In a potentially significant move away from high stakes exit testing, NJ Education Commissioner Christopher Cerf has announced that new PARCC tests connected to the Common Core State Standards will not be tied to high school graduation for up to five years.

Commissioner Cerf mentioned these plans in remarks to the NJ School Boards Association on October 22 during the Association’s annual Fall Workshop in Atlantic City. He made similar remarks to a gathering of NJ superintendents in September.

The graduation policies outlined by the Commissioner have not been formalized, and many details remain unclear. Although NJ education regulations require districts to provide students and families with a list of requirements that must be met to obtain a diploma when they enter high school, virtually every NJ district is in violation of this regulation because the State has been slow to tell them what the new graduation requirements will be.

If endorsed by the State Board of Education and the NJ Legislature, a policy shift away from tying standardized tests to high school diplomas would be a very positive step for NJ students and schools. It would address multiple concerns raised by advocates, including Education Law Center, that the hurried implementation of more difficult PARCC exams could have a negative impact on graduation and dropout rates. (PARCC is the Partnership for the Assessment of Readiness for College and Careers, the federally funded, multi-state consortium producing the new tests. NJ is a “governing member” of PARCC.)

As ELC has argued, there is little evidence that an exit testing policy leads to better prepared graduates or improved college completion rates, or that it benefits a state’s economy. Less than half the 50 states have high stakes graduation exams, and several that did recently ended them. A recent study from the National Bureau of Economic Research found that such exams reduce graduation rates and increase incarceration rates by as much as 12%. The study found no corresponding positive effects on employment or earnings.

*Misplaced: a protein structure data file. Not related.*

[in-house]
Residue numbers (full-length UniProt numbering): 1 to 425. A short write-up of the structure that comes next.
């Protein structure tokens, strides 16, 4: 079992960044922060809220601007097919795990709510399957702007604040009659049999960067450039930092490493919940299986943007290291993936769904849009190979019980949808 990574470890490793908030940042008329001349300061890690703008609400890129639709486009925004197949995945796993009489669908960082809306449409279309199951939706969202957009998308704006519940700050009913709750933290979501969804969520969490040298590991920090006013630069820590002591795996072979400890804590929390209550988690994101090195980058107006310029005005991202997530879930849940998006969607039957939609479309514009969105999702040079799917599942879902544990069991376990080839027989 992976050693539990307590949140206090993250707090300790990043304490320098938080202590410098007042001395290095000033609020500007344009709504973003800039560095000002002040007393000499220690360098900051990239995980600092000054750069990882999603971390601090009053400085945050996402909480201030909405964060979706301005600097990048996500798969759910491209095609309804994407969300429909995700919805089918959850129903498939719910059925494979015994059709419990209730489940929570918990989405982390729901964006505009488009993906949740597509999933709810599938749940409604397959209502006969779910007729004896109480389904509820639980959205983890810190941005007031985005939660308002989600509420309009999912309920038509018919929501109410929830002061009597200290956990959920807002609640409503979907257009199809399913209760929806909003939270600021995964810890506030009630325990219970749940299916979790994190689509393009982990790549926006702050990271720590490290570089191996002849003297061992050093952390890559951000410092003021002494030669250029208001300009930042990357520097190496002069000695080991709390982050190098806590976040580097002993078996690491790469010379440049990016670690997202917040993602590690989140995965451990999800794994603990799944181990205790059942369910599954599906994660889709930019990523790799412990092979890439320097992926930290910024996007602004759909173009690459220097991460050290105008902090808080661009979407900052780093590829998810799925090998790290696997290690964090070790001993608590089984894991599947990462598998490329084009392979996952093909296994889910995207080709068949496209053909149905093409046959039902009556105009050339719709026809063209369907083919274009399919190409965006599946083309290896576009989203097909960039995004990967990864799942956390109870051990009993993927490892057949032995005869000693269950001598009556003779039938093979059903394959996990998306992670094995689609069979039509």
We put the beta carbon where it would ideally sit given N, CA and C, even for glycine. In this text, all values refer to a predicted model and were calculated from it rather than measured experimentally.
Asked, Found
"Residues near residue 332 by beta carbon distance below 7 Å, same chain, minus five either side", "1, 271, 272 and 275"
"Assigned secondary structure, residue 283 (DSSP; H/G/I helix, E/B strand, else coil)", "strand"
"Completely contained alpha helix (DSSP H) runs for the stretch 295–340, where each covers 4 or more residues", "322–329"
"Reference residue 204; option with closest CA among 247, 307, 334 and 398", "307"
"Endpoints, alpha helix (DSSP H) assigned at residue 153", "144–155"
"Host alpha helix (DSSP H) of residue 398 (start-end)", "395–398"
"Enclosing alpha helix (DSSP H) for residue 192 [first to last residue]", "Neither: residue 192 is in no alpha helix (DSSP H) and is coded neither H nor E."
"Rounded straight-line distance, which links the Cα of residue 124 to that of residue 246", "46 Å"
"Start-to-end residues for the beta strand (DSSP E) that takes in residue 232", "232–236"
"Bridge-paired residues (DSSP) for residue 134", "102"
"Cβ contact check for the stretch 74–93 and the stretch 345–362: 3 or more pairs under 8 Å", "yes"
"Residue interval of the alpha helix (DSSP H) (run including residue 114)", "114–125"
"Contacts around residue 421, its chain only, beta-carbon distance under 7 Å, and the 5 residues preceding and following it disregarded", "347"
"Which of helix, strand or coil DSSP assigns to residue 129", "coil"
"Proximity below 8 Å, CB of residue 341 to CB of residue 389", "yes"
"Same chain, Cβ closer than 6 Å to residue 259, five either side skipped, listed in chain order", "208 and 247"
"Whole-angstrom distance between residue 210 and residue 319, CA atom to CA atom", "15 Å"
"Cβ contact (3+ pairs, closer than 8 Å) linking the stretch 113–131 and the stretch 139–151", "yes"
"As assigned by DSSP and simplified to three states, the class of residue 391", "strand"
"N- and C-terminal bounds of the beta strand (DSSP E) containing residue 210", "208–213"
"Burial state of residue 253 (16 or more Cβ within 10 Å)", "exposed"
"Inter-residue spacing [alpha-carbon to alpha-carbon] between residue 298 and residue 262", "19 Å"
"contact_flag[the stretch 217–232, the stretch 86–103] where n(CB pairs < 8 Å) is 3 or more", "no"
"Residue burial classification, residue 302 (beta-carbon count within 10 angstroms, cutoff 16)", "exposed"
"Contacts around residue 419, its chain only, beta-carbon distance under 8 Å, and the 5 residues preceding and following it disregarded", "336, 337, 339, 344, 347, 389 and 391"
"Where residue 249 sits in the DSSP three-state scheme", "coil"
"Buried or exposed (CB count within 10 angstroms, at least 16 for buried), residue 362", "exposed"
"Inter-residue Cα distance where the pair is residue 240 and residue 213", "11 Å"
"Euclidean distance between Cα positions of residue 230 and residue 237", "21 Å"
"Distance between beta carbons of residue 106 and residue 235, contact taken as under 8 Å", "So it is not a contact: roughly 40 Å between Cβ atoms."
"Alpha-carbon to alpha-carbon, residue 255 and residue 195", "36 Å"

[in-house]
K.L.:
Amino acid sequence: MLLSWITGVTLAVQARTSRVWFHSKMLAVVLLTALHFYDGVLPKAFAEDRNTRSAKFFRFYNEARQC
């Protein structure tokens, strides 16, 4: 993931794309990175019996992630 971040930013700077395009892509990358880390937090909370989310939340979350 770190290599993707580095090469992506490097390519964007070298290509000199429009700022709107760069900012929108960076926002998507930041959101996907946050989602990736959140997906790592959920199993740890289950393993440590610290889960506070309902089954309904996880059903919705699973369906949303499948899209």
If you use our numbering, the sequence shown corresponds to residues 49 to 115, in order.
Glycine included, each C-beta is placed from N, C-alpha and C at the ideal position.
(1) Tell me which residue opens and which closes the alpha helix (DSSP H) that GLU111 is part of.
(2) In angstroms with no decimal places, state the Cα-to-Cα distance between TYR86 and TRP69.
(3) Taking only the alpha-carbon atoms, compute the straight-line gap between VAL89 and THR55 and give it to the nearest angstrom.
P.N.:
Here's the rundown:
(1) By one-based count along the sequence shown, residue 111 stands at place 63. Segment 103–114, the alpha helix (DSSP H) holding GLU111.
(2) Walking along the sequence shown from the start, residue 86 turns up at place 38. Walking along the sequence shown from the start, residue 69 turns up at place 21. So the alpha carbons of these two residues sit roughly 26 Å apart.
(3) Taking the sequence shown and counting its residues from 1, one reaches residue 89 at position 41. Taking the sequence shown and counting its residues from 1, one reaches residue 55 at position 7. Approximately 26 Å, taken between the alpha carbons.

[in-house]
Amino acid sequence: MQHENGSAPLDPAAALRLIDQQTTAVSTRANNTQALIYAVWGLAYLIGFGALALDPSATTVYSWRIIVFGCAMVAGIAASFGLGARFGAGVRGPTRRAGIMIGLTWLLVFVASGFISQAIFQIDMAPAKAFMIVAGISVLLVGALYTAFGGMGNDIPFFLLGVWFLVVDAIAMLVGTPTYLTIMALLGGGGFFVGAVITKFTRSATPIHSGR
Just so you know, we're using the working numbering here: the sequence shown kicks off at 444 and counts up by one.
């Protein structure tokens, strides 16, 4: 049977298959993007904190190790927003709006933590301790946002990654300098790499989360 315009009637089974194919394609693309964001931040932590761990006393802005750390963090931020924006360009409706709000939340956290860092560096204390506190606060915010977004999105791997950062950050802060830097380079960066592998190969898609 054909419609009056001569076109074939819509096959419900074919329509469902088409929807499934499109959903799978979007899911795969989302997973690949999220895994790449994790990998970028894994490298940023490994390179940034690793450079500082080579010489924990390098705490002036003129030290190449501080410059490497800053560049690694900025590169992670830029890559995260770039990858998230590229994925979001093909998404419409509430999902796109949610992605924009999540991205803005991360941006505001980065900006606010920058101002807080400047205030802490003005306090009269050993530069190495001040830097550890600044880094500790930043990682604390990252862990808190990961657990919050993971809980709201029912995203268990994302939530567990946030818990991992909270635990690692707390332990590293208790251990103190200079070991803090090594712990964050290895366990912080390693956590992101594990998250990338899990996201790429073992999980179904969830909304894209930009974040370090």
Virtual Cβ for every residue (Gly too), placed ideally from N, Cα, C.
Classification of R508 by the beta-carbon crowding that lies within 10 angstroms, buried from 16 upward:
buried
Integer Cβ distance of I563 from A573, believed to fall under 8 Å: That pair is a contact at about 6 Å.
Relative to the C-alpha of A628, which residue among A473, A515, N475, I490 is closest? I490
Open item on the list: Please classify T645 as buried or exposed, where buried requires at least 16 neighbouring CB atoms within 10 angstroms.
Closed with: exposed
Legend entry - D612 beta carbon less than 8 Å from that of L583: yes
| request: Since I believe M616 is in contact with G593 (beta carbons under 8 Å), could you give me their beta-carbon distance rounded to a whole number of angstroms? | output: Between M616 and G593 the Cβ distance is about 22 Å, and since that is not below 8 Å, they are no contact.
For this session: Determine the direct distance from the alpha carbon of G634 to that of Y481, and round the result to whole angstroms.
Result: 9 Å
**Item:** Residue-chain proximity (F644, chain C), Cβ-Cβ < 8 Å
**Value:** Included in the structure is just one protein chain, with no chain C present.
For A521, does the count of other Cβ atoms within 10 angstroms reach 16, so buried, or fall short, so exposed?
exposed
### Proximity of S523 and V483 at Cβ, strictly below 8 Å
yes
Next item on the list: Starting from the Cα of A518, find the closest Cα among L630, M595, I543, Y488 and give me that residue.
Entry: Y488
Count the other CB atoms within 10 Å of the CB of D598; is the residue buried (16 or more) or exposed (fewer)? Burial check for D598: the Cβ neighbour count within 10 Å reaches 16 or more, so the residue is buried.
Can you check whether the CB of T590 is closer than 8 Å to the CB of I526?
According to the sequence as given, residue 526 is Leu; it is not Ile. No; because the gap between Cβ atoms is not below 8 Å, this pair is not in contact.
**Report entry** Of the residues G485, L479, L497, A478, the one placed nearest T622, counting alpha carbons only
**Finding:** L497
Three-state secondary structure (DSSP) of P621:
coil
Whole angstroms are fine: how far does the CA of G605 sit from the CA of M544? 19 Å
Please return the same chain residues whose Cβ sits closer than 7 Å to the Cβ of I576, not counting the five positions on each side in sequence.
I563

Advocates have argued that the transition to new exams offers a perfect opportunity to sever the unreliable link between high stakes tests and diplomas and to adopt more effective and more equitable assessment policies. The administration’s College and Career Readiness Task Force also proposed eliminating the link between the new exams and high school diplomas during a multi-year phase-in of the PARCC exams.  Indications that the Department is heeding these recommendations are welcome news.

PARCC tests will be given for the first time during the 2014-15 school year. Current juniors, scheduled to graduate in June 2016, will be the last to take the High School Proficiency Assessment (HSPA) or the Alternative High School Assessment (AHSA). In spring of 2015, secondary students will begin taking new exams in Algebra I and II and Geometry, plus language arts exams in grades 9, 10 and 11. According to the Commissioner, during the transition period, students now in grades 7 and above will take the new tests during their high school years but will not need a particular score to graduate. Students in grades 3-8 will also take new tests in place of NJASK.


Related Stories:


Part 1 of 3: What will Common Core Exams Mean for NJ Graduation Policies?

Part 2 of 3: Transition to New Tests Provides Opening for Better Assessment Policies

Part 3 of 3: NJ Needs Multiple Pathways to High School Graduation


Press Contact: 
Stan Karp
Director, Secondary Reform Project 
973-624-1815, x28

Share this post:

Press Contact:
Sharon Krengel
Director of Policy, Strategic Partnerships and Communications
973-624-1815, x240